Regardless of where we grew up, most of us spent many of our formative years sitting in a classroom. Four walls with colorful pictures on them and a teacher at the front. The language, customs and native dress might differ from place to place, but British photographer Julian Germain, who has spent eight years photographing students in classrooms around the world, found the experience of going back-to-school is universal.

His collection, which spans Brazil, Nigeria, Yemen, Russia, Taiwan, England, America and others, provides a window inside the classrooms of the world. It also represents a new vision of the traditional class photo. “Every year, your class is photographed; a photographer comes in, lines you up in almost a military fashion, but in those pictures you never see the classroom,” says Germain. “They are usually made against a brick wall or a curtain or something so you never really get a look at the space. I had this idea to examine the space where kids learn, and at the same time, examine the kids.”

(See more in Reinventing College, TIME’s special package on education)

Germain began taking photos of classrooms in 2004, not long after his daughter started school. He started by photographing a handful of schools in the northeast region of England where he lives. The following year for a trip to Argentina for a separate assignment his project took an international turn. “It had not been planned in advance, it’s something that happened very organically,” he says. “At a certain point it became clear it would be interesting to photograph schools anywhere I could.” Some of those schools are now part of a book aptly titled, Classroom Portraits.

Education, as Germain notes, is not often the subject of art. “It’s amazing, if you look around museums and things, school is never there,” he says. “Artists frequently go into schools to make art with the children, but never really to make work with education as the theme.” To that end, Germain carefully choreographed each class, just as he would any other subject. He took his photos in the last 15 minutes of the lesson. He made sure each child was visible, but otherwise left the room just as it was. Since he was dealing with often squirrelly children, he didn’t have much time. In the days of film, he says he would only shoot between two and four exposures. Now, thanks to digital, he takes about 10. “They just can’t concentrate for longer than that,” he says.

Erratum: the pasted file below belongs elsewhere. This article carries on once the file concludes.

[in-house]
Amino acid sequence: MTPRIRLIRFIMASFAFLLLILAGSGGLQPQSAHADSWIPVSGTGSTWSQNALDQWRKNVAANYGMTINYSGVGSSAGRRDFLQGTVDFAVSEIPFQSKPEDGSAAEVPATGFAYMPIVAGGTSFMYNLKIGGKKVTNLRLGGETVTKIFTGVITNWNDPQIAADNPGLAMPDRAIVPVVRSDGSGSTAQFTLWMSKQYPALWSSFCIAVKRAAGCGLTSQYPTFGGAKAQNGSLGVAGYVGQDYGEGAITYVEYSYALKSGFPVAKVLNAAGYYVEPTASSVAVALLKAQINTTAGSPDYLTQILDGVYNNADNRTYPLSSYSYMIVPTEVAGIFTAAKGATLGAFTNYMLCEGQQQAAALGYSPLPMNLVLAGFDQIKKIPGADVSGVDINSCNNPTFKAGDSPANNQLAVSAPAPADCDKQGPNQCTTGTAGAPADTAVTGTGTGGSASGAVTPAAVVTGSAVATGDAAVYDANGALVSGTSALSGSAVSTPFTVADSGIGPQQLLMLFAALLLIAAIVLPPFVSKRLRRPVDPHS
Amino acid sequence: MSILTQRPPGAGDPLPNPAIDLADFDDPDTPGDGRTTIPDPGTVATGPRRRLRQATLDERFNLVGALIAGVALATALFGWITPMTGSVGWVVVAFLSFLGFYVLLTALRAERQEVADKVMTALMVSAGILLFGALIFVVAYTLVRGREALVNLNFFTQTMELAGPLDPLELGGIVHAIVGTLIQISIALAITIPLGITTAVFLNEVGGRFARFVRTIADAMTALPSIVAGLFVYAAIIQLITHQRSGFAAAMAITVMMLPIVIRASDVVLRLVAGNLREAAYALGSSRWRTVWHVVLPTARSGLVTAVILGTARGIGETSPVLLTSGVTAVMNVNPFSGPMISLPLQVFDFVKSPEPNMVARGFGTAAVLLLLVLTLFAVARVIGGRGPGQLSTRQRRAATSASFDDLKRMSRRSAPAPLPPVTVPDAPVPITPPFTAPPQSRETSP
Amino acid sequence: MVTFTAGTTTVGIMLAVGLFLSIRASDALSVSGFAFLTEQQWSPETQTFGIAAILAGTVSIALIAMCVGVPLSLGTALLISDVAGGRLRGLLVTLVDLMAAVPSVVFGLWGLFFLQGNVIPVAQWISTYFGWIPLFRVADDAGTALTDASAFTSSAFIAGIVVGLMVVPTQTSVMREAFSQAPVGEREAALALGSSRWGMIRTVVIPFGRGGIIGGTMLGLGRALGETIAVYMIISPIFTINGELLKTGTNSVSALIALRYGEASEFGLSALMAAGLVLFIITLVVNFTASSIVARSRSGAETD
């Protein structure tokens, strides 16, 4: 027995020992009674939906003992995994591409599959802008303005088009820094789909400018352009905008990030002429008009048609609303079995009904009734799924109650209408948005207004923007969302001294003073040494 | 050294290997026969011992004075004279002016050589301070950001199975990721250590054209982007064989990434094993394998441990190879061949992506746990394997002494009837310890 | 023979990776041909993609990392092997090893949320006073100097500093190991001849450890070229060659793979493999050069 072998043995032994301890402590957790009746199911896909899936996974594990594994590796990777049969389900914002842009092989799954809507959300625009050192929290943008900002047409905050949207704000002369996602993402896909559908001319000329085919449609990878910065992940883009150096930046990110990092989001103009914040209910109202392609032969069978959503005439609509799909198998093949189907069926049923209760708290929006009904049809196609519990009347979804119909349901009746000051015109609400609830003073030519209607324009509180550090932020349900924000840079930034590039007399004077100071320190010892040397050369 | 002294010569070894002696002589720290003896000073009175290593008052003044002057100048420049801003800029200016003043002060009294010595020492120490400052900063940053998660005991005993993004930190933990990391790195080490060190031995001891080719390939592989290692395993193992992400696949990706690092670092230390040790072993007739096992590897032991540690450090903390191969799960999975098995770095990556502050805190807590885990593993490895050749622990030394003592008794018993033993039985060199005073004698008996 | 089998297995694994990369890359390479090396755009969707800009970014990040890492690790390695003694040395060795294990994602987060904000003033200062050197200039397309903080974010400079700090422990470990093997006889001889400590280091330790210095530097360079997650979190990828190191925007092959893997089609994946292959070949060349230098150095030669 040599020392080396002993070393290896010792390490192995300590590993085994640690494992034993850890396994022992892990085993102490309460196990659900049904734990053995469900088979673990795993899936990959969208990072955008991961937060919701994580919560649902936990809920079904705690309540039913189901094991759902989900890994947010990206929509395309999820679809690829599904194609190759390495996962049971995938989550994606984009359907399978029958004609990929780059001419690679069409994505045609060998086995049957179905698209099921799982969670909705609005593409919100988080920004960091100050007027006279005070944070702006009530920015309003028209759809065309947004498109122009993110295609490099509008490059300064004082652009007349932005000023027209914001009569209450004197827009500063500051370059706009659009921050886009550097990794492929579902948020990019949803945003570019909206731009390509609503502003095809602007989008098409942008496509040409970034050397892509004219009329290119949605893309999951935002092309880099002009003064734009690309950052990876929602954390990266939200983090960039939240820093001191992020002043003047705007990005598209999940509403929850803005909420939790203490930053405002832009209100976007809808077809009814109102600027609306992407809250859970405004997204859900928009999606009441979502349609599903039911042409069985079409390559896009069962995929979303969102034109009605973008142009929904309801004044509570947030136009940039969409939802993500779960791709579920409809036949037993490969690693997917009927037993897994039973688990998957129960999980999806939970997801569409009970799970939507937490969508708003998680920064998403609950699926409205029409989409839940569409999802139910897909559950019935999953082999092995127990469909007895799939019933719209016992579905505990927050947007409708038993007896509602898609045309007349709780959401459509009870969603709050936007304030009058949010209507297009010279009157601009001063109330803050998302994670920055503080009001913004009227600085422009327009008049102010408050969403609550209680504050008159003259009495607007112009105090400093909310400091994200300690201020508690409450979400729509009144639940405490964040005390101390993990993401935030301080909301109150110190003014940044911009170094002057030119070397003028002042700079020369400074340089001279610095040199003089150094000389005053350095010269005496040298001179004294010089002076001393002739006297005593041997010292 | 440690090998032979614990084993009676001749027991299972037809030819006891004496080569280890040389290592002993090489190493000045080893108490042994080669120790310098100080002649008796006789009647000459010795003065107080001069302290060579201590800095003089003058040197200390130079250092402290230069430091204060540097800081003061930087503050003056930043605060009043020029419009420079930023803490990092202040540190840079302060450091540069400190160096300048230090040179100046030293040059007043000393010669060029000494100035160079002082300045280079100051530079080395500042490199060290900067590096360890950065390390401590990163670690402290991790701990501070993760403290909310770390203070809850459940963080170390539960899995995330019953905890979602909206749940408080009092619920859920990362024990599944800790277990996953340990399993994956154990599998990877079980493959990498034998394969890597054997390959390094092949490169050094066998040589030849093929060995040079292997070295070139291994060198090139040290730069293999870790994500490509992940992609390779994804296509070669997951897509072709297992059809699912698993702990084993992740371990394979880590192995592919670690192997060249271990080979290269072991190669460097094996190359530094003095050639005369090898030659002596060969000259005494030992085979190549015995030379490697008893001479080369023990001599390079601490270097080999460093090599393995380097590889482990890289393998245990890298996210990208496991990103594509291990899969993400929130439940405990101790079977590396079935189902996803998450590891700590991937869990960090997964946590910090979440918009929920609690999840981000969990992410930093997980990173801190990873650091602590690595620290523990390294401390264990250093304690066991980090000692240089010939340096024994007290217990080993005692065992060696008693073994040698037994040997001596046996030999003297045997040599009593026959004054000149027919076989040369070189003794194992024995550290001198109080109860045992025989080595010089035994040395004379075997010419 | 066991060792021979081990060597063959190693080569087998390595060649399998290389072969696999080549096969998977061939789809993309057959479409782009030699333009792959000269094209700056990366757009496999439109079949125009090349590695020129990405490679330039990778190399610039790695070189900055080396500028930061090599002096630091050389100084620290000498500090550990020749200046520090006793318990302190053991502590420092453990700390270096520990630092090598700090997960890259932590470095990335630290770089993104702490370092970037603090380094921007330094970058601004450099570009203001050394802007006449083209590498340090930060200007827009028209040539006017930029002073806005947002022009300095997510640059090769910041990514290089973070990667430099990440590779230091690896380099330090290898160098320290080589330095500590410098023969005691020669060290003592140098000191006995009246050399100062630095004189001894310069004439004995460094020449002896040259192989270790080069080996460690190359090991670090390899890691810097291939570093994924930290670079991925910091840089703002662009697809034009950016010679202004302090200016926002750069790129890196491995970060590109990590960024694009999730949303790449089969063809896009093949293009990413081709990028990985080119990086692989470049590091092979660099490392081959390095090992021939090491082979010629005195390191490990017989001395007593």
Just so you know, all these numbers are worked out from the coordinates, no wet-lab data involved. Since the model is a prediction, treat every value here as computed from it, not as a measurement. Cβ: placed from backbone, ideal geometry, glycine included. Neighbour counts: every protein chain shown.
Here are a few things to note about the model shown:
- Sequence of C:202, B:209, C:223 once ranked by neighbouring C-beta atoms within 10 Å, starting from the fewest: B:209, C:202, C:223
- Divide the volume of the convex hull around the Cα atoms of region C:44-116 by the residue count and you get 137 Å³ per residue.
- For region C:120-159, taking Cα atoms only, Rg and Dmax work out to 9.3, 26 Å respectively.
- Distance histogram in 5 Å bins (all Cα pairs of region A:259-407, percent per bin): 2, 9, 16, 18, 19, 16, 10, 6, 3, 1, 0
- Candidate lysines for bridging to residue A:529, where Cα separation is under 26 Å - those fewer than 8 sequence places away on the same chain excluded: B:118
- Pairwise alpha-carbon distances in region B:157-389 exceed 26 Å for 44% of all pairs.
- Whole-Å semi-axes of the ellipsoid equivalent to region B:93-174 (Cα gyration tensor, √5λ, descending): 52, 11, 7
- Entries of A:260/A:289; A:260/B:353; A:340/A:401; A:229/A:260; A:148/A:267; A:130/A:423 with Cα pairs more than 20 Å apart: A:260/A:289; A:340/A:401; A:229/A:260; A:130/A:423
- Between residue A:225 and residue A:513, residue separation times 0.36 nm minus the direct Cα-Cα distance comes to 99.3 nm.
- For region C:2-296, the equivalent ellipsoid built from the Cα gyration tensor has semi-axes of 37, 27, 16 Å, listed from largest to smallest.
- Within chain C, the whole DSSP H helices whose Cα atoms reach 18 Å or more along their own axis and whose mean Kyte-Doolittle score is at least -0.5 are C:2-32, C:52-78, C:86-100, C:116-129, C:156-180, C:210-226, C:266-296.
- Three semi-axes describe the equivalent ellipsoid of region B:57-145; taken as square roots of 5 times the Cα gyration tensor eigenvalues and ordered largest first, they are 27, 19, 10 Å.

Unlike your typical school photographer, Germain never yelled, “say cheese.” “I don’t tell them to do anything,” he says. “I just tell them that the exposure is quite long and they need to be ready. I never tell them to smile or adopt a certain mood. I just tell them they need to be ready.” The result is a classroom full of students who appear just as they would to a teacher standing in front of the class delivering a lecture. In fact, Germain thinks of the camera as the teacher. “It’s not that they don’t look happy, they just aren’t grinning like a cheshire cat—they are paying attention to the ‘teacher’,” he says. Which is why you won’t find a teacher in his photos—he prefers to only photograph the students. “I found if teachers are in, they dominate,” he says. “I like the idea that the images are very democratic. I give everybody space. As soon as the teacher goes in there it kind of messes that up. I wanted to make it all about the kids.”

Making the students the focus gives them a sort of power. Because he photographed the children at eye level, when flipping through his book hundreds of eyes stare back at you. “I find that quite challenging,” he says. Indeed, he says, the whole world children inhabit has been built by adults—the education system they are in, the clothes they’re wearing, the textbooks, their notebooks, pencils, pen, the blackboard, the furniture. “It says to me, we are responsible for the world they’re in,” he says. “There’s a lot of mumbling and grumbling and despair about what young people are like, but who’s responsible for that? We are.”